The latest generation of frontend frameworks brings us the possibility to take better care of users and provide them with the best possible user experience (UX). In order to do so, we ought to keep our users with the latest available data. A problem that arises is how to detect changes and display them in real-time. In the pool of many options, it is important to maintain the simplicity-flexibility ratio on the expected level. VueJS stands out as one of the simplest, yet quite flexible framework

Keeping the data updated

Providing users with top-quality UX requires a smooth change detection algorithm and seamless layout updates. Featuring two-way binding, VueJS provides us with high performance and easy data flow. Another thing being featured is virtual DOM – a smarter and more efficient little brother of the traditional HTML DOM.

How does this work?

One of the ways to keep the data updated everywhere is two-way data binding by using the v-model directive. Let’s explain how this works on a basic code example:

<div id=”app”>
  <input v-model=”myValue” type=”number”>
let vm = new Vue({
  data: {
    myValue: 1,
    myObject: {},
    myArray: []
  methods: {
    changeValue() {
      this.myValue = 2;

The value in the input field will automatically be set to 1. If a user makes a change, it will be automatically propagated to the myValue property. When a changeValue method is invoked, the value of myValue property will be changed to 2, which will be immediately visible on the UI.

When the Vue instance is created, it automatically builds a virtual DOM tree based on the initially given data and dependent components. Each Vue instance has at least one component. If the data option of a Vue component is a plain JavaScript (JS) object, Vue will create appropriate getters and setters for all its properties. These properties are considered to be reactive, and their implicit simple getters and setters are part of the default Vue change detection algorithm. Any occurring change will invoke the setter function, which will eventually trigger the component to re-render and re-generate its virtual DOM, which will, in turn, through various diffing algorithms, update only the relevant part(s) of the HTML DOM.

When this isn’t working?

Unfortunately, there are cases when this approach isn’t the best. According to VueJS official documentation, Vue cannot detect deletion and addition which would mean that it is not possible to add new reactive properties to objects with simple assigning of value. Also, it is not possible to add new root-level reactive properties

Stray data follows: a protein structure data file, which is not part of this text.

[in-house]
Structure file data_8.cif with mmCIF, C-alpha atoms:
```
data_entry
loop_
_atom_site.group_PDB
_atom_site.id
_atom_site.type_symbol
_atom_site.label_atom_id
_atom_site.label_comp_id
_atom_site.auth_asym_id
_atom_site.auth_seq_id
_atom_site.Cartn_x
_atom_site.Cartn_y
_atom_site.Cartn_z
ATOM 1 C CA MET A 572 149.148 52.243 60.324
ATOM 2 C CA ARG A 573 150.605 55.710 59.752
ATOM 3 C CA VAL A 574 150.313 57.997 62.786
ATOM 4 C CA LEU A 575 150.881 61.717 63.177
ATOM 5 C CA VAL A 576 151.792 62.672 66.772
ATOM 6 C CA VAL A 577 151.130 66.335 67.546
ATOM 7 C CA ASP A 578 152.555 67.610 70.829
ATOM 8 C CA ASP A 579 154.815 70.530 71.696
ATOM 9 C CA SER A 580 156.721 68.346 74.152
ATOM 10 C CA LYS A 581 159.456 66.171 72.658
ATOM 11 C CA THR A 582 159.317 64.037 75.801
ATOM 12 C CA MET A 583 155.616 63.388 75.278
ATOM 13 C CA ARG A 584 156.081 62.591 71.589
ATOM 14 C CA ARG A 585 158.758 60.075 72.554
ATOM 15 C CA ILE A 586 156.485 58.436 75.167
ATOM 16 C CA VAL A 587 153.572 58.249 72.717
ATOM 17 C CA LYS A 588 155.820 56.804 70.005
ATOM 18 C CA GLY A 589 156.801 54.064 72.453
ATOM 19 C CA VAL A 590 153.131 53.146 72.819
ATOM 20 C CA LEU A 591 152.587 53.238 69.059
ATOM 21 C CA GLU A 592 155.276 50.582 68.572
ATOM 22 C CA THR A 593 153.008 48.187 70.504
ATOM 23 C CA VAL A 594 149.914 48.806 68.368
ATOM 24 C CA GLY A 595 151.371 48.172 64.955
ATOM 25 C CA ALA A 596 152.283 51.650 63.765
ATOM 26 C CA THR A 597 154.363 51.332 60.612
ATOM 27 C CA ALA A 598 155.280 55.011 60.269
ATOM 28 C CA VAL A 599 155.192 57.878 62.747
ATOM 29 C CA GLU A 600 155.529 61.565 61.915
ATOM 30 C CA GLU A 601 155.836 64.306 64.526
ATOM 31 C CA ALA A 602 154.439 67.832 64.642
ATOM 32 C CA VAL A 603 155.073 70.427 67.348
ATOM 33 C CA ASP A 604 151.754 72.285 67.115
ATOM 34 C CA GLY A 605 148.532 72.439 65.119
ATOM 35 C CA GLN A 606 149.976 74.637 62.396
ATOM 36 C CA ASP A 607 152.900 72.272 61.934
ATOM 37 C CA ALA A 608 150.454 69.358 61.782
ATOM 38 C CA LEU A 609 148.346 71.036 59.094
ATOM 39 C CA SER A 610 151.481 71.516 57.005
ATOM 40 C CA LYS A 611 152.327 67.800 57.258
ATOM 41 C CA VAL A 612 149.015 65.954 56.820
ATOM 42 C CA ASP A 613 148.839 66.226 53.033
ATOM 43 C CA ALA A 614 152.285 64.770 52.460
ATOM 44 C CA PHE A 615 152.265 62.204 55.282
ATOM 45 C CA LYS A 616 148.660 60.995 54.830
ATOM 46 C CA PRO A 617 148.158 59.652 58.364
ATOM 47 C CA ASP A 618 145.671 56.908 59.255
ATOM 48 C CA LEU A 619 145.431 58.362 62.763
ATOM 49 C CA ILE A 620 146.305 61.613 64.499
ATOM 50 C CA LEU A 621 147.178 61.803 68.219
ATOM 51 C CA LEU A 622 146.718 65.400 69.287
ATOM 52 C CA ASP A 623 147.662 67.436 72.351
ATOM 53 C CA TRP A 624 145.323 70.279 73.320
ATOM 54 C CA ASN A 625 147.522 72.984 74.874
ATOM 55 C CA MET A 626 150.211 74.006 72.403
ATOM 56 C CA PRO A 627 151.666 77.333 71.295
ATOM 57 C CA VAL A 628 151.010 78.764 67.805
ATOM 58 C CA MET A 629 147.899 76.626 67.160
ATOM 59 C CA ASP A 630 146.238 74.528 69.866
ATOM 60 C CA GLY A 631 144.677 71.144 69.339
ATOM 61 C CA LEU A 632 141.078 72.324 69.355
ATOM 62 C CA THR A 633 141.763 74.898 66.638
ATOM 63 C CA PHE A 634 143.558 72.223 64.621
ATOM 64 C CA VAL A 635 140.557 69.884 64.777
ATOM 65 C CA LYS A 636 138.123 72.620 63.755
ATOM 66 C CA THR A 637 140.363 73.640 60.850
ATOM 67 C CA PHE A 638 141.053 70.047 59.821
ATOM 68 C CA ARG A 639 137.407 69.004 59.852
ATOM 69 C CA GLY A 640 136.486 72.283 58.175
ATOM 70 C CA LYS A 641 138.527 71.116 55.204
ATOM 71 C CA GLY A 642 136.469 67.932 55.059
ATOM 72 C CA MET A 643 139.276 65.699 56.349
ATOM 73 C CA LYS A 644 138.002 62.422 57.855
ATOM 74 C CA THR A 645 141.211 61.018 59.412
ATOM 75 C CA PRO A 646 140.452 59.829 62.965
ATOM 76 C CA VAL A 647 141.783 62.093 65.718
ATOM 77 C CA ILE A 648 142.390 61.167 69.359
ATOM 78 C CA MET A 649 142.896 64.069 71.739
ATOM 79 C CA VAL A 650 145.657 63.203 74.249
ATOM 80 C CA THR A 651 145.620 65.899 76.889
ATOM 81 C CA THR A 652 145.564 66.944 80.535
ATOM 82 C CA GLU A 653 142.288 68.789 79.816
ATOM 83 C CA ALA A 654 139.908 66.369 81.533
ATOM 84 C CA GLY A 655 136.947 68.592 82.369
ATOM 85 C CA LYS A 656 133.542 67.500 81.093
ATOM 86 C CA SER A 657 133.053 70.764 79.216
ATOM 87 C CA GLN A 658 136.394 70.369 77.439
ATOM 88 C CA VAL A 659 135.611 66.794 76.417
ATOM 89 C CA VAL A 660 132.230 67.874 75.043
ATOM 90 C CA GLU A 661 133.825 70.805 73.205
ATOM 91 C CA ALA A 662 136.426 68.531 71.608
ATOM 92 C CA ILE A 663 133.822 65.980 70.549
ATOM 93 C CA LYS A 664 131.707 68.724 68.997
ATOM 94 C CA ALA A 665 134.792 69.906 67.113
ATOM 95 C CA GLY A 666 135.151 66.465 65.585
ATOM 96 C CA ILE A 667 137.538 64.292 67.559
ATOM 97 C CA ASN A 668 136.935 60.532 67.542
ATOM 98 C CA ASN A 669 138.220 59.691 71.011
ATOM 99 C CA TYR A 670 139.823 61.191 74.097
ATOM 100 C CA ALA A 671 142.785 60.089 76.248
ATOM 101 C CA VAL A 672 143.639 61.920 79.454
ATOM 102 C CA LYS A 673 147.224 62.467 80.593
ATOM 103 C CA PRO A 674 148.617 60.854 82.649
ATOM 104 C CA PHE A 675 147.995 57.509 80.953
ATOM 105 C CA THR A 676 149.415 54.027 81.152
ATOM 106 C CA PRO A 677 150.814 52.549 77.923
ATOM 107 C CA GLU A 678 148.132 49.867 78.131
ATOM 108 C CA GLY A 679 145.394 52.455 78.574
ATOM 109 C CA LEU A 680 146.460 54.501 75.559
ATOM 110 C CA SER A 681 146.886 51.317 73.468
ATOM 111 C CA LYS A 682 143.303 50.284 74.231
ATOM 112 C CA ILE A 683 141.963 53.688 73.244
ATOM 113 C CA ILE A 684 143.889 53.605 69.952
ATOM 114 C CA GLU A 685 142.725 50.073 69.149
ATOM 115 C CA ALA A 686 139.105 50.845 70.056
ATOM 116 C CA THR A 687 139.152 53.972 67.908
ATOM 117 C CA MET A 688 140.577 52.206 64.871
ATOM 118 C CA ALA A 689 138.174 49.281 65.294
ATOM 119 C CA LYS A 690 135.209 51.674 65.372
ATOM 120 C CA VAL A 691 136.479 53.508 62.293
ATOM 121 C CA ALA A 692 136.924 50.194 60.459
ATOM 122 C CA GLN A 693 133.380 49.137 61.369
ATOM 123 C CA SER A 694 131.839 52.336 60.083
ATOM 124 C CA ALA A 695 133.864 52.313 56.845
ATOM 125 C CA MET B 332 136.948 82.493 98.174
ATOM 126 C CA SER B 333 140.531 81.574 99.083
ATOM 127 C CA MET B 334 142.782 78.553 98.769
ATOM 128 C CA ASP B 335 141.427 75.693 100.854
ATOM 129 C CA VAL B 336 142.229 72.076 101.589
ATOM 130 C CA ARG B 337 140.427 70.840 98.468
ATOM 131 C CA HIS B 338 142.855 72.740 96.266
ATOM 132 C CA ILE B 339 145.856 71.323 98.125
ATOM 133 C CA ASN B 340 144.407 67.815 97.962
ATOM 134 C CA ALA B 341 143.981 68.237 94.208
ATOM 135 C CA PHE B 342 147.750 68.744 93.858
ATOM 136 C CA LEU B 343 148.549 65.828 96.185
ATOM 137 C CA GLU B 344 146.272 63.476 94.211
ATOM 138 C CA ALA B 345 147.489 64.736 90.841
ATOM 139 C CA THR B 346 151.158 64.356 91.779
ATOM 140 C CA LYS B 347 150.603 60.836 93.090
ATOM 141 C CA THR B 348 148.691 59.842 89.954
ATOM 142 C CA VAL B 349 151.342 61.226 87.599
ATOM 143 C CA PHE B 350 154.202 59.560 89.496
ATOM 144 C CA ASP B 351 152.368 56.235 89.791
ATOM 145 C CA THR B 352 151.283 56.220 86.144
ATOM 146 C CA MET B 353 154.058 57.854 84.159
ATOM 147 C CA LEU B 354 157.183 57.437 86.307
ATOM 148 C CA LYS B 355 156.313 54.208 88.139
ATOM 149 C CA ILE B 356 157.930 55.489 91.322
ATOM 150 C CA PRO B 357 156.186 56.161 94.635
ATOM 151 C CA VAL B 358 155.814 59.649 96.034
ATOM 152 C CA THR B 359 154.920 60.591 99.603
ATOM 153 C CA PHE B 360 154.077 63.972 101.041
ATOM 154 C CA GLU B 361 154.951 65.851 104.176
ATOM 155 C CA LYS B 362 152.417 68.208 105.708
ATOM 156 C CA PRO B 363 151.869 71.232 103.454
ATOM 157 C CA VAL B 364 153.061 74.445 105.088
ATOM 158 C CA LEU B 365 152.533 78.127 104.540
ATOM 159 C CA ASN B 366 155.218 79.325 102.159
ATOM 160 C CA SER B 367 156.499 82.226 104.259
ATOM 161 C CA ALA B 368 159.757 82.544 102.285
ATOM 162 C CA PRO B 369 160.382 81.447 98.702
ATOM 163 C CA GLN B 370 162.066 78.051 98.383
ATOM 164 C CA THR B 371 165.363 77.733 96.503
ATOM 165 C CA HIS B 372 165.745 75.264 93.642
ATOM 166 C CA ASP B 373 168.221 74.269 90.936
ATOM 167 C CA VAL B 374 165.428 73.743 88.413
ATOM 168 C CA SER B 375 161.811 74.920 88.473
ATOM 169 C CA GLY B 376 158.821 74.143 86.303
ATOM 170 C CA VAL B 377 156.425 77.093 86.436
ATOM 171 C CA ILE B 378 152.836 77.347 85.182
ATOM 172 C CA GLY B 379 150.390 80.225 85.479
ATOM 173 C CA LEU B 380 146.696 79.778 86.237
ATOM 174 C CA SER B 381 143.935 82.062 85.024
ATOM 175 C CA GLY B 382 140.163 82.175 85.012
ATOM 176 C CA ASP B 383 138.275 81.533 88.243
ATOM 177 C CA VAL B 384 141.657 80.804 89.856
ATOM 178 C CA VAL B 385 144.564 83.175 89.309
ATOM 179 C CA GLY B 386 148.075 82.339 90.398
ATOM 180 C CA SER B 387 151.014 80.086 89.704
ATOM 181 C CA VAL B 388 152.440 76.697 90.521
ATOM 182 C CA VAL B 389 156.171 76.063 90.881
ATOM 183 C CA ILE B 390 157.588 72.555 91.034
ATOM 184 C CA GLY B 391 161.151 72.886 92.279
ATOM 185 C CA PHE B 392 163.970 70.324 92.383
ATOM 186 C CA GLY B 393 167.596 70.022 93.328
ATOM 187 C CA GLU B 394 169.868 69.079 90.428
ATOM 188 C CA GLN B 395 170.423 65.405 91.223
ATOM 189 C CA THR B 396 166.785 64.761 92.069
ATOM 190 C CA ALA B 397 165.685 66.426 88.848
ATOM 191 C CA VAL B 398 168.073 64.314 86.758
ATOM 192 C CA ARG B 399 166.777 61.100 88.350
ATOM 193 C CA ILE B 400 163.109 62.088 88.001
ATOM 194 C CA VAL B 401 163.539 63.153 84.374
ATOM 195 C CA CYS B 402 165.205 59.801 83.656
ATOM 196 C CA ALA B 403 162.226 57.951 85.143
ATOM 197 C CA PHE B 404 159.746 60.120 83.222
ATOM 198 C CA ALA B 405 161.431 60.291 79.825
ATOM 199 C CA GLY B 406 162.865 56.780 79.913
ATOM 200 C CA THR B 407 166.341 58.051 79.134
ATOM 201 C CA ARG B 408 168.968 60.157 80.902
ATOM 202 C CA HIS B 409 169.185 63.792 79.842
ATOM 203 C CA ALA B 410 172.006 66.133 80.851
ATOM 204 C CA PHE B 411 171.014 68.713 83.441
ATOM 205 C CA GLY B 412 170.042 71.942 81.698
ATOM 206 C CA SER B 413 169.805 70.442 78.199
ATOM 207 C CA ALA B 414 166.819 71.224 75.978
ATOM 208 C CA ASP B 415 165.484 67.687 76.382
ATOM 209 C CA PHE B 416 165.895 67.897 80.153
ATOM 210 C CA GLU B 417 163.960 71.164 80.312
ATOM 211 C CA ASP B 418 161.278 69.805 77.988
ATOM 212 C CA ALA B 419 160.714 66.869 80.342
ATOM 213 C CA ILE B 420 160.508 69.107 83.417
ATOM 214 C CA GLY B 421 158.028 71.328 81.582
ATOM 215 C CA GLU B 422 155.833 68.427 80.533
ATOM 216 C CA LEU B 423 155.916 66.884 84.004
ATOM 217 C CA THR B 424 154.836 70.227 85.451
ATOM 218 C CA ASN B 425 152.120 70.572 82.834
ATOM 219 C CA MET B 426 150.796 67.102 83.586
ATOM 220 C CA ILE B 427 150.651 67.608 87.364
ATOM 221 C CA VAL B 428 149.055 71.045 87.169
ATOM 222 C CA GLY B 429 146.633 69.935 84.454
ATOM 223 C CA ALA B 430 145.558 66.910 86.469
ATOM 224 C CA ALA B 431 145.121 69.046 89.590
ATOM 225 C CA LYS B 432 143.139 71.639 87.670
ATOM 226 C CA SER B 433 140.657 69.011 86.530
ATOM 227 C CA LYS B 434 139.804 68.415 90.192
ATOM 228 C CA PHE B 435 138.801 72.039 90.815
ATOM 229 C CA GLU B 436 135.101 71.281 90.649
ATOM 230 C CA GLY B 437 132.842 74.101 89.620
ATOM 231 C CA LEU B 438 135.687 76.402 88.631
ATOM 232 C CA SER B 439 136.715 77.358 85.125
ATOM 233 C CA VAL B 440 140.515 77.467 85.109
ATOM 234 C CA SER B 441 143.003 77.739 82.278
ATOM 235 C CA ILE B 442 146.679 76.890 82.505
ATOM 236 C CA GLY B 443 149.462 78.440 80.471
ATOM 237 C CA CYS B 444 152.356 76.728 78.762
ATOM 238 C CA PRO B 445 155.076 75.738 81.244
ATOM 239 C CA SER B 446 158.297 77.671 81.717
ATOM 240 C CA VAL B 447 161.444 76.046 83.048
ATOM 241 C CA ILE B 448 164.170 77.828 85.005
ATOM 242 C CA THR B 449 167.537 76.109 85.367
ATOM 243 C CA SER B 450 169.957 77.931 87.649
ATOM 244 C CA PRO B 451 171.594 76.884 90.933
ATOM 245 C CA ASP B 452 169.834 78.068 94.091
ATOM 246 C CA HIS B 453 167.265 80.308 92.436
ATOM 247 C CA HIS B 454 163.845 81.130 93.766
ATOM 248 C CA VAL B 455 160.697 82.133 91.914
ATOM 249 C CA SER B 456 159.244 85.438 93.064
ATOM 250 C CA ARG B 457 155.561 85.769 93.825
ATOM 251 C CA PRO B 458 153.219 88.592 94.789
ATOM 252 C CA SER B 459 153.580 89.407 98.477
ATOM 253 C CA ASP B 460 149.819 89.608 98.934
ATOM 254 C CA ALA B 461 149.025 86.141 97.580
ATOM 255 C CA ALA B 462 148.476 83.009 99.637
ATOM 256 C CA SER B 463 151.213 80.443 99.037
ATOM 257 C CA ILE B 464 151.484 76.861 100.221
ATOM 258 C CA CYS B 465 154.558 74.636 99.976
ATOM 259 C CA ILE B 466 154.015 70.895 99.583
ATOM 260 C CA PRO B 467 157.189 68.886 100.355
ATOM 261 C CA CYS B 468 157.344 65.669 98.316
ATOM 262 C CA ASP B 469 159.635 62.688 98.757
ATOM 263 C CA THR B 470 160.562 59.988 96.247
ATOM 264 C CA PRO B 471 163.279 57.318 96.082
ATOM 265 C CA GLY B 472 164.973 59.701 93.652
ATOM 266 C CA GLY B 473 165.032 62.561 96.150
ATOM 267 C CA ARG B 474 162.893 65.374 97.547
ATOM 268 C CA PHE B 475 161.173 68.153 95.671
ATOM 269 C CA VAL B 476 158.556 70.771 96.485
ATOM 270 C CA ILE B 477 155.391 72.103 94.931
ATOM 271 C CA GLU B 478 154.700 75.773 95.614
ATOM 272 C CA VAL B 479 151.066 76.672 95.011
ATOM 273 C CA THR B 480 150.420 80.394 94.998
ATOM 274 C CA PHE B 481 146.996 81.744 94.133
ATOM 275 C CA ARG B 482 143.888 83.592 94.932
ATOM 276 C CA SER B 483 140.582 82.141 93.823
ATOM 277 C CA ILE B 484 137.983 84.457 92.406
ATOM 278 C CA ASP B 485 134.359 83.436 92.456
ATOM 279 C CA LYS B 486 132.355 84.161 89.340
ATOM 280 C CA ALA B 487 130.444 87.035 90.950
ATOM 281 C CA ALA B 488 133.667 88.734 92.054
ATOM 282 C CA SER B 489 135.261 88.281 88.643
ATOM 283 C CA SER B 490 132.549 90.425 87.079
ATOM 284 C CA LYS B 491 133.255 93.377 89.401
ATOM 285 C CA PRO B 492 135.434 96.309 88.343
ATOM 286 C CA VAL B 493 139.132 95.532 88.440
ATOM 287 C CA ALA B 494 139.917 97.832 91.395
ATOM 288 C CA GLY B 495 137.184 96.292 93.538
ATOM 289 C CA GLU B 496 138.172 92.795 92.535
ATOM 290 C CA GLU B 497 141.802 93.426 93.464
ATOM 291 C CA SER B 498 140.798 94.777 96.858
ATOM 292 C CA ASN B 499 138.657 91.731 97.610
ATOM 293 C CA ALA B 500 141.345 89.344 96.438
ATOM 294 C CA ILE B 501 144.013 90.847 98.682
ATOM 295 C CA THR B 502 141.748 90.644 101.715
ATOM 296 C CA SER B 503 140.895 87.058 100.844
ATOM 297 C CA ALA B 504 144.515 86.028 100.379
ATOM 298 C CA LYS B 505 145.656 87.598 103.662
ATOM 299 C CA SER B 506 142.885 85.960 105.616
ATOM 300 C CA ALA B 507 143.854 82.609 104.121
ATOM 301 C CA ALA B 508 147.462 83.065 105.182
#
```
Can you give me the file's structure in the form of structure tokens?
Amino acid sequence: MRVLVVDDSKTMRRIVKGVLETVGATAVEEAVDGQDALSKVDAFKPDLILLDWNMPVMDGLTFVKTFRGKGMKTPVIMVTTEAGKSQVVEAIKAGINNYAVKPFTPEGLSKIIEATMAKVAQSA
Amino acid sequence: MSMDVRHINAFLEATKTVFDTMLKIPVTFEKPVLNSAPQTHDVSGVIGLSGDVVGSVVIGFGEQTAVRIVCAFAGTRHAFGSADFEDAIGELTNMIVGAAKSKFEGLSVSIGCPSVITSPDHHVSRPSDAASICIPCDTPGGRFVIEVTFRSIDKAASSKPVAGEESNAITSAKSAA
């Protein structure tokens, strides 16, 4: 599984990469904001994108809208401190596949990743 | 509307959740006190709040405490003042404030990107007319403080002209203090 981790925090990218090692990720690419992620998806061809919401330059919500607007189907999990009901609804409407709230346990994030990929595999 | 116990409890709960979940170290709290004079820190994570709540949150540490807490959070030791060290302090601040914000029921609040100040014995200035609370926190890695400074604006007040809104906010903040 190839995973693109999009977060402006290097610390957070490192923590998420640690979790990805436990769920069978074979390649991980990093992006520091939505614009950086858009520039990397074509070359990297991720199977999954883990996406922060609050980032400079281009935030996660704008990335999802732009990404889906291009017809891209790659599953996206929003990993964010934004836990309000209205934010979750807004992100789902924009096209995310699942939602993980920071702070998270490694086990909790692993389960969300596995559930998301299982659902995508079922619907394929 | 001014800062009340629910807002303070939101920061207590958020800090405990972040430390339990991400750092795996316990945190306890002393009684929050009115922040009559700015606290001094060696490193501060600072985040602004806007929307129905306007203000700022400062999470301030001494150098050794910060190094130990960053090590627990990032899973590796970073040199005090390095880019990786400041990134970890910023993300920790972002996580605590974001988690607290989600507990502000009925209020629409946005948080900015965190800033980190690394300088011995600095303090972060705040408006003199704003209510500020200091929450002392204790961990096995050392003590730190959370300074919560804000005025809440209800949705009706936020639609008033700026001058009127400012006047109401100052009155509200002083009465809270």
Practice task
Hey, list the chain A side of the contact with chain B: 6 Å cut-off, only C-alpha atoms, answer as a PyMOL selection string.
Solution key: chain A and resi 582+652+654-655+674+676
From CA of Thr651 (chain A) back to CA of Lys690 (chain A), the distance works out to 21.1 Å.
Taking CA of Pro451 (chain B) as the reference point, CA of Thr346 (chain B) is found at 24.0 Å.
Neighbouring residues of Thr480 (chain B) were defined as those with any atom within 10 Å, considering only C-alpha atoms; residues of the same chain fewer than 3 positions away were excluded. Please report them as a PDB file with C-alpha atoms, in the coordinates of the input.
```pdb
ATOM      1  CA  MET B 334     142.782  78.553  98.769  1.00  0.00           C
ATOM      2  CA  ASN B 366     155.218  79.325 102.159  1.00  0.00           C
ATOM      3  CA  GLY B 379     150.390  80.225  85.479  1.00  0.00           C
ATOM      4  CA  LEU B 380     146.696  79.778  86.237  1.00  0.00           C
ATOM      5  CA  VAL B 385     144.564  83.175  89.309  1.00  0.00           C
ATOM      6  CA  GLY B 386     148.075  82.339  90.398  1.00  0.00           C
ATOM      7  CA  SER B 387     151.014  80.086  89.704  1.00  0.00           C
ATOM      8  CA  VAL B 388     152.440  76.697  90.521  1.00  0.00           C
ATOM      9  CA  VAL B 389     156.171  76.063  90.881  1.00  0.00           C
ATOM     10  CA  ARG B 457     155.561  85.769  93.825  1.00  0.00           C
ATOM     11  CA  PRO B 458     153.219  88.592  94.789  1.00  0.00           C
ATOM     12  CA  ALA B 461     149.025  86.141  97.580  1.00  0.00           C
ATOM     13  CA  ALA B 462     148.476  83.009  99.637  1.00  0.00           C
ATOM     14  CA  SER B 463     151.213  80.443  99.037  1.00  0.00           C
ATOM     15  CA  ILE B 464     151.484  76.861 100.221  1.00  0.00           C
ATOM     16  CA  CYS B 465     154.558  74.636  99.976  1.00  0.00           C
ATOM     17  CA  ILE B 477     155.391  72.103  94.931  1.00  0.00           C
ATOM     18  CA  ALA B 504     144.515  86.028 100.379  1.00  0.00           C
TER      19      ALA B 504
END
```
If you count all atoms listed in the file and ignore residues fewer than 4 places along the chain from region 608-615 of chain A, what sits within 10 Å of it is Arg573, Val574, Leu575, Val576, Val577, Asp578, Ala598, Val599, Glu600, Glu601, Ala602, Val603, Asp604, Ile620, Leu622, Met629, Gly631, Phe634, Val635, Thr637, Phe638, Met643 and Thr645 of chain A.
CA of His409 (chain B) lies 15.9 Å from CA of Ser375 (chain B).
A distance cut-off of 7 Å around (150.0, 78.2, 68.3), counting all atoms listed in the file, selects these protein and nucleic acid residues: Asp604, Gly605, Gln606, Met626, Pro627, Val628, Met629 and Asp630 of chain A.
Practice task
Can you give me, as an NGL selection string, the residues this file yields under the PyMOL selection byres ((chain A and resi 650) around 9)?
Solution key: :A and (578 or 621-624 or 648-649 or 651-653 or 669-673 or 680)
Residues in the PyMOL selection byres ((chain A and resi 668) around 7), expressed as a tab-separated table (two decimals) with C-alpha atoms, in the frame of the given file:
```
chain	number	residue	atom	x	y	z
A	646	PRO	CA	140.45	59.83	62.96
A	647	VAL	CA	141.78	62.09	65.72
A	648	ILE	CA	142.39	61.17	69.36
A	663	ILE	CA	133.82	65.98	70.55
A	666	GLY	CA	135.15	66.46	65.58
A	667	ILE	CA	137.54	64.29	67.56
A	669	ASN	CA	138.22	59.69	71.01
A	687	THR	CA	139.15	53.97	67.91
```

//Neither of this will be reactive
this.myNewValue = 1; //new root-level property
this.myObject.someProperty = 1; //new nested object property
this.myObject[‘someProperty’] = 1; //new nested object property
this.myArray[0] = 1; //new nested array element

In order to make new reactive properties, we ought to use a method dedicated to such a purpose

Vue.set(object, property, value) 

Invocation of this method will make property reactive.

Each Vue instance also has $set method, which is syntactic sugar for the previously mentioned method
this.$set(object, property, value)

//All will make the property reactive
Vue.set(this.myObject, ‘someProperty’, 1);
this.$set(this.myObject, ‘someProperty’, 1);

When it comes to arrays, we should treat them as any other object. Instead of the property name, an element index needs to be provided

this.$set(this.myArray, 0, 1);

Of course, arrays have additional methods, like push, slice, splice… which will also make the magic happen.

If there is a need to assign multiple reactive properties, they can be added one-by-one using the explained process if all properties are known. On the other hand, when the set of new properties is unknown, it is recommended to use the universal approach:
Create a new object and replace the old one with it

//Object b holds all properties which should be added
this.myObject = Object.assign({}, this.myObject, b);

The reasons for replacement are following:

  1. Object.assign() and other similar methods will not invoke Vue.set() method, making all further changes irrelevant and ignored
  2. Replacement will not replace the value only, but the reference too, which will invoke component re-rendering
  3. If a “property of a property” has changed, this might not be detected

Combination of Vue.set and object replacement will also result in expected behavior

this.$set(this, ‘myObject’, Object.assign({}, this.myObject, b))


With current limitations, both from VueJS and Javascript itself, the safest way to ensure all changes are visible and detectable is to anticipate all possible properties in advance and declare them before Vue instance is created and use dedicated Vue methods to apply those changes, especially when there is a need to add a new property.
In addition to that, make sure that object-like values (objects, arrays, etc.) are always updated by using embedded reactive methods or by plain reference replacement.

The written is valid for Vue.js 2.